Peripheral blood analysis.

Blood was obtained by retro-orbital puncture using heparinized capillaries and collected in tubes containing EDTA. Complete blood counts were determined using a Hemavet 950 cell counter. EPO and TPO levels were measured using Quantikine kits (R&D Systems).


The sternum and spleen were fixed in formalin, embedded in paraffin, and stained with H&E using standard procedures. Sections were 5 μM thick. Immunocytochemistry was performed with anti-Ter119 antibody (BD Biosciences).


RNA was isolated using Trizol reagent (Invitrogen). cDNA synthesis was carried using a standard kit (Ambion), and RT-PCR was performed using an Applied Biosystems 7500 Fast Real Time PCR System. Primers and fluorescently labeled probes for RT-PCR were designed using Primer Design software (Applied Biosystems). All RNA levels were normalized to the amount of 18S ribosomal RNA in each sample. Geminin RNA primer sequences were 5′-ACGGATGCTAGGCCGTGTAC-3′ (forward), 5′-GCACCGTGTAGTTAGTTTACCAAGAG-3′ (reverse), and 5′-ACGCACTGCCAGCGTTGCCC-3′ (probe). 18S RNA primer sequences were 5′-AACGAGACTCTGGCATGCTAACT-3′ (forward), 5′-CGCCACTTGTCCCTCTAAGAA-3′ (reverse), and 5′-TTACGCGACCCCCGAGCGG-3′ (probe).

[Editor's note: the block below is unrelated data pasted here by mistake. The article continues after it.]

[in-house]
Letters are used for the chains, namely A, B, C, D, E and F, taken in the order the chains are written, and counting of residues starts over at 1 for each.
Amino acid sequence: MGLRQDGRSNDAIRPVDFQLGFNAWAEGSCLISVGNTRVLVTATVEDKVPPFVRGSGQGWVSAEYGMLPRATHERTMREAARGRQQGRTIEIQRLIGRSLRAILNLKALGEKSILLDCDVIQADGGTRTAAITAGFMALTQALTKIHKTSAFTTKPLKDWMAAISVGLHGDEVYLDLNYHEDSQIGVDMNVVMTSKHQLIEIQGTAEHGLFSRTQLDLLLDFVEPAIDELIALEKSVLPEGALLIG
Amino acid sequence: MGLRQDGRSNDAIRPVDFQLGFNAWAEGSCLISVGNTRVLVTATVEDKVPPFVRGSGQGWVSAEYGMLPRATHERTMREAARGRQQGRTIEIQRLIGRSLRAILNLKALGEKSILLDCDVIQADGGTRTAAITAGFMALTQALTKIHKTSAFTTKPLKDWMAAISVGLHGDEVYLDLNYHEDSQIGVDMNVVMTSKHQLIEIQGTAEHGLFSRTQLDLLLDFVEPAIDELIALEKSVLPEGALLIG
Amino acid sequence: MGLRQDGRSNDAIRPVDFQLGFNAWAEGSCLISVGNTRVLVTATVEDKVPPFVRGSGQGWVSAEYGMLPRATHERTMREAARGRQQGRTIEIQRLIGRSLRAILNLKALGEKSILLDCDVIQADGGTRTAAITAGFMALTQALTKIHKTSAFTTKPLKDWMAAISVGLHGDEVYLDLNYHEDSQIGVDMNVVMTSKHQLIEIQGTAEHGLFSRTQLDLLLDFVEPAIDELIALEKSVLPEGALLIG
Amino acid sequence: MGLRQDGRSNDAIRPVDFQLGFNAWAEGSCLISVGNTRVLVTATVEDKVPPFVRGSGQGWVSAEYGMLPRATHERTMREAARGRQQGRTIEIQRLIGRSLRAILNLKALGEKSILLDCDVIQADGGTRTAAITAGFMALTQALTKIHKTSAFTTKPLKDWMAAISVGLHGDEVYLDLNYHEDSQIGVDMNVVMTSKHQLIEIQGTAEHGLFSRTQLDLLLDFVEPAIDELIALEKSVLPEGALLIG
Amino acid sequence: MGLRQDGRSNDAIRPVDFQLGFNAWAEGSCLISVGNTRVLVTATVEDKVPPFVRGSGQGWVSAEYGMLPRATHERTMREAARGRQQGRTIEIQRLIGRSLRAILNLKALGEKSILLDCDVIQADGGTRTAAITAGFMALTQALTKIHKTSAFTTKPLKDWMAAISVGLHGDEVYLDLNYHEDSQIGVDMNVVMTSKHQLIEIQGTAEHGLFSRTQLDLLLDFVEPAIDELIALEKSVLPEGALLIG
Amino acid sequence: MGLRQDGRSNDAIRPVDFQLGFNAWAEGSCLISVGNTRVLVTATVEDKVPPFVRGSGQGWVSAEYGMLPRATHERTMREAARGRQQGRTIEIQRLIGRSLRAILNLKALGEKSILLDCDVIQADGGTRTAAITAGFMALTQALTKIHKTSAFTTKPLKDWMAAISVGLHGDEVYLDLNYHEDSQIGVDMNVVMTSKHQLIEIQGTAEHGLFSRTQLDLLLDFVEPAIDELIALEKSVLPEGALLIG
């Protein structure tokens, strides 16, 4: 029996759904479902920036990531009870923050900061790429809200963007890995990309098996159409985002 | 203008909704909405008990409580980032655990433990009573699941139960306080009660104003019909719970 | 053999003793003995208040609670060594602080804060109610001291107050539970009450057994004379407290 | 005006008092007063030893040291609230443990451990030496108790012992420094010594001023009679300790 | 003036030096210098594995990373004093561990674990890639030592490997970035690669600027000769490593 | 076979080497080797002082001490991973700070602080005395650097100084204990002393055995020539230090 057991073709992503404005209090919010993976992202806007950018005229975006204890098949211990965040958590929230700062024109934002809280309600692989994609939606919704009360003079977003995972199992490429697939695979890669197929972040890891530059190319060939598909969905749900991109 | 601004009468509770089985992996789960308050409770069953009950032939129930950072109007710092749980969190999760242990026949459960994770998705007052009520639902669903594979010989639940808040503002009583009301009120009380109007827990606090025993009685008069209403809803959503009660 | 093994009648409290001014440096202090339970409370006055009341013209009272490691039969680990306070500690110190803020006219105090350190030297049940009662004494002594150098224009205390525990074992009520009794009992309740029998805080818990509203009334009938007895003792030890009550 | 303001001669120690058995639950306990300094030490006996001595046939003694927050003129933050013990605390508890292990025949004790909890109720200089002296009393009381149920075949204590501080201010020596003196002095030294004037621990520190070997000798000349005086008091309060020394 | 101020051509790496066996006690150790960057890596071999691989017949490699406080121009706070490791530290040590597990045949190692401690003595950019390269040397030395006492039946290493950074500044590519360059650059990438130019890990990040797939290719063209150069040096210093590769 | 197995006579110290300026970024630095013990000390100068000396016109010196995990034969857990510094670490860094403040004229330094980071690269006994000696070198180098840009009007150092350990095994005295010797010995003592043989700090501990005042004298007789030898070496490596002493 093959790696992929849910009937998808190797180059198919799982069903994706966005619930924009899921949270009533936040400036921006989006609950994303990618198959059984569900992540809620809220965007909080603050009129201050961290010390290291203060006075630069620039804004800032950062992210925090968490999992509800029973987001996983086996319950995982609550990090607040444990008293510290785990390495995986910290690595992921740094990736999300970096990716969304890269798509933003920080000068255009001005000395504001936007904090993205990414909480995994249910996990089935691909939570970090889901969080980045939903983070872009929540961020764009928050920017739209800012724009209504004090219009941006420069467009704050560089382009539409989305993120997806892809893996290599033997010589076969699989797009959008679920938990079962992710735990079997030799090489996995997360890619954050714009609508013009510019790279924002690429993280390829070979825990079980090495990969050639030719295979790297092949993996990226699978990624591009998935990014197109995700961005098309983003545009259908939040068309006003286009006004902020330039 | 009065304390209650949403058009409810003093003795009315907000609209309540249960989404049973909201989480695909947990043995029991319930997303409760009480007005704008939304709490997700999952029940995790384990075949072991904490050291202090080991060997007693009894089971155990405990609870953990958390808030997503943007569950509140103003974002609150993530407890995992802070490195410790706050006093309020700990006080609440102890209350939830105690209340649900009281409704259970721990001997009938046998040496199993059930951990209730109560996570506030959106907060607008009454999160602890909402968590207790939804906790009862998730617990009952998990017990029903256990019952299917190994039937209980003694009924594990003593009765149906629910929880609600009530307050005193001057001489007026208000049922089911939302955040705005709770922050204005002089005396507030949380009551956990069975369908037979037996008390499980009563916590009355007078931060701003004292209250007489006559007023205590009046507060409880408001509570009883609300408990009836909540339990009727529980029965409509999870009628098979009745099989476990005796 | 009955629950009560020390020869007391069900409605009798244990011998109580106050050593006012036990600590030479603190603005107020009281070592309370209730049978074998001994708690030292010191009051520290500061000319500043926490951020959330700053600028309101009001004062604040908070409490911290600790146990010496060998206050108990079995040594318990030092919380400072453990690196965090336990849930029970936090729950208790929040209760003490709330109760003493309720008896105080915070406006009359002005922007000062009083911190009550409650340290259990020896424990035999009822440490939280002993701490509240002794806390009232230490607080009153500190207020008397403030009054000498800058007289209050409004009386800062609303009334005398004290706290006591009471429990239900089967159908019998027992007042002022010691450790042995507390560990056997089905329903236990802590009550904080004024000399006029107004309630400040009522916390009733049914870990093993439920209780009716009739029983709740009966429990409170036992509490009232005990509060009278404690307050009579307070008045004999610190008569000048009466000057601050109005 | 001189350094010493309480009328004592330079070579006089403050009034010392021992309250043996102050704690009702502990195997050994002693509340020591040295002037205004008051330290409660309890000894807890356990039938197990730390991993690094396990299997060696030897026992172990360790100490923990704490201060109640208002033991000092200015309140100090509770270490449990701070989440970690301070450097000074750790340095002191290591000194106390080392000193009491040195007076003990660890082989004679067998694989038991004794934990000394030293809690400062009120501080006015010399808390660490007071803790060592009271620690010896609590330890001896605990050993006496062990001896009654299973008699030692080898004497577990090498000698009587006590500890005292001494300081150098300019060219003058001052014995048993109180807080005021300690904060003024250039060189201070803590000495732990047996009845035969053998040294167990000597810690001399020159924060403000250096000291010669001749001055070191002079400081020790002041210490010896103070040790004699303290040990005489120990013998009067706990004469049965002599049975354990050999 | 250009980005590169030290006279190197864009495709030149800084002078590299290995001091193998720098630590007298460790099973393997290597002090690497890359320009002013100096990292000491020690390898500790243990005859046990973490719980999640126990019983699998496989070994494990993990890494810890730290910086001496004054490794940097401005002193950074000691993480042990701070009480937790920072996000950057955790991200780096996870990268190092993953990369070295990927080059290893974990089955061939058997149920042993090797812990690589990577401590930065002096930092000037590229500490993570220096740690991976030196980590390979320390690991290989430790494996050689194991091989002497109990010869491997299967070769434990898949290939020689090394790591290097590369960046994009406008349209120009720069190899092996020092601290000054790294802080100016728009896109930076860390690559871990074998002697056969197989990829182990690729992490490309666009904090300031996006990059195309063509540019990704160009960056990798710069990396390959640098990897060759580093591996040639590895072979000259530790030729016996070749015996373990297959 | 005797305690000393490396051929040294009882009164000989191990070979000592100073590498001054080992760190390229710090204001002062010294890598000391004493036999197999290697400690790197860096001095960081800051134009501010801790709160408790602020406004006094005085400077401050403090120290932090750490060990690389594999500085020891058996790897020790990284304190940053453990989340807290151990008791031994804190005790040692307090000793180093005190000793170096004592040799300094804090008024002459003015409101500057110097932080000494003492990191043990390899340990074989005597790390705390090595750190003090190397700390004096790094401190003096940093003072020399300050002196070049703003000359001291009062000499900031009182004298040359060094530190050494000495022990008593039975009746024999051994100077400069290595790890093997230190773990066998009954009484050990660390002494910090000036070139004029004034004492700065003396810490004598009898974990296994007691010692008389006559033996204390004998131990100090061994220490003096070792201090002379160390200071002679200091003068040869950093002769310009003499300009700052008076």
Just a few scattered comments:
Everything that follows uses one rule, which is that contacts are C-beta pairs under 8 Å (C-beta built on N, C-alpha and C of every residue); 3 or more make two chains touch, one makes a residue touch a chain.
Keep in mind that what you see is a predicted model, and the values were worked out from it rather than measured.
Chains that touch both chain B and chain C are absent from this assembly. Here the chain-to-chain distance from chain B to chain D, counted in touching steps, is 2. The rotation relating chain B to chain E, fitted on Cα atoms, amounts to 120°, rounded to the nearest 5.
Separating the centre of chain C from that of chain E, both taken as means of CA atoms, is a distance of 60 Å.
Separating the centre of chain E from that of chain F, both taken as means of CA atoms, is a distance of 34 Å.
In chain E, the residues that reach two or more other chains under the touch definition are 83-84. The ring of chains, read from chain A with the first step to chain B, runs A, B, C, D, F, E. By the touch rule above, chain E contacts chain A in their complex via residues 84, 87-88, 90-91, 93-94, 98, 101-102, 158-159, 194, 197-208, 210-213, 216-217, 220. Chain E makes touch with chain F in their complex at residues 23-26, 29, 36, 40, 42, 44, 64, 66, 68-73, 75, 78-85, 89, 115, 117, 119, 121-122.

Colony assays and cell culture.

ACK-treated marrow cells were plated in methylcellulose using the MethoCult m3434 system (Stem Cell Technologies) containing stem cell factor, IL-3, IL-6, and EPO. Colonies were scored after 12 days using an inverted phase contrast microscope. For megakaryocyte colonies, cells were plated in a collagen-based gel containing 50 ng/ml TPO, 20 ng/ml IL-6, 50 ng/ml IL-11, and 10 ng/ml IL-3 using the MegaCult system (Stem Cell Technologies). After 12 days, colonies were stained for acetylcholinesterase using the manufacturer’s protocol, except that the gel was not dried and the staining solution was added directly to the wells. MEPs (LinKit+Sca1CD34CD16/32) were purified using the protocol illustrated in Figure Figure3A.3A. We plated 10,000–40,000 MEPs per well for megakaryocyte colony assays and 9,000 cells per well for erythrocyte colony assays. Sorted CD34+ cells were cultured for 48 hours in DMEM with 10% FBS and 100 ng/ml stem cell factor, 10 ng/ml GM-CSF, and 10 ng/ml IL-3.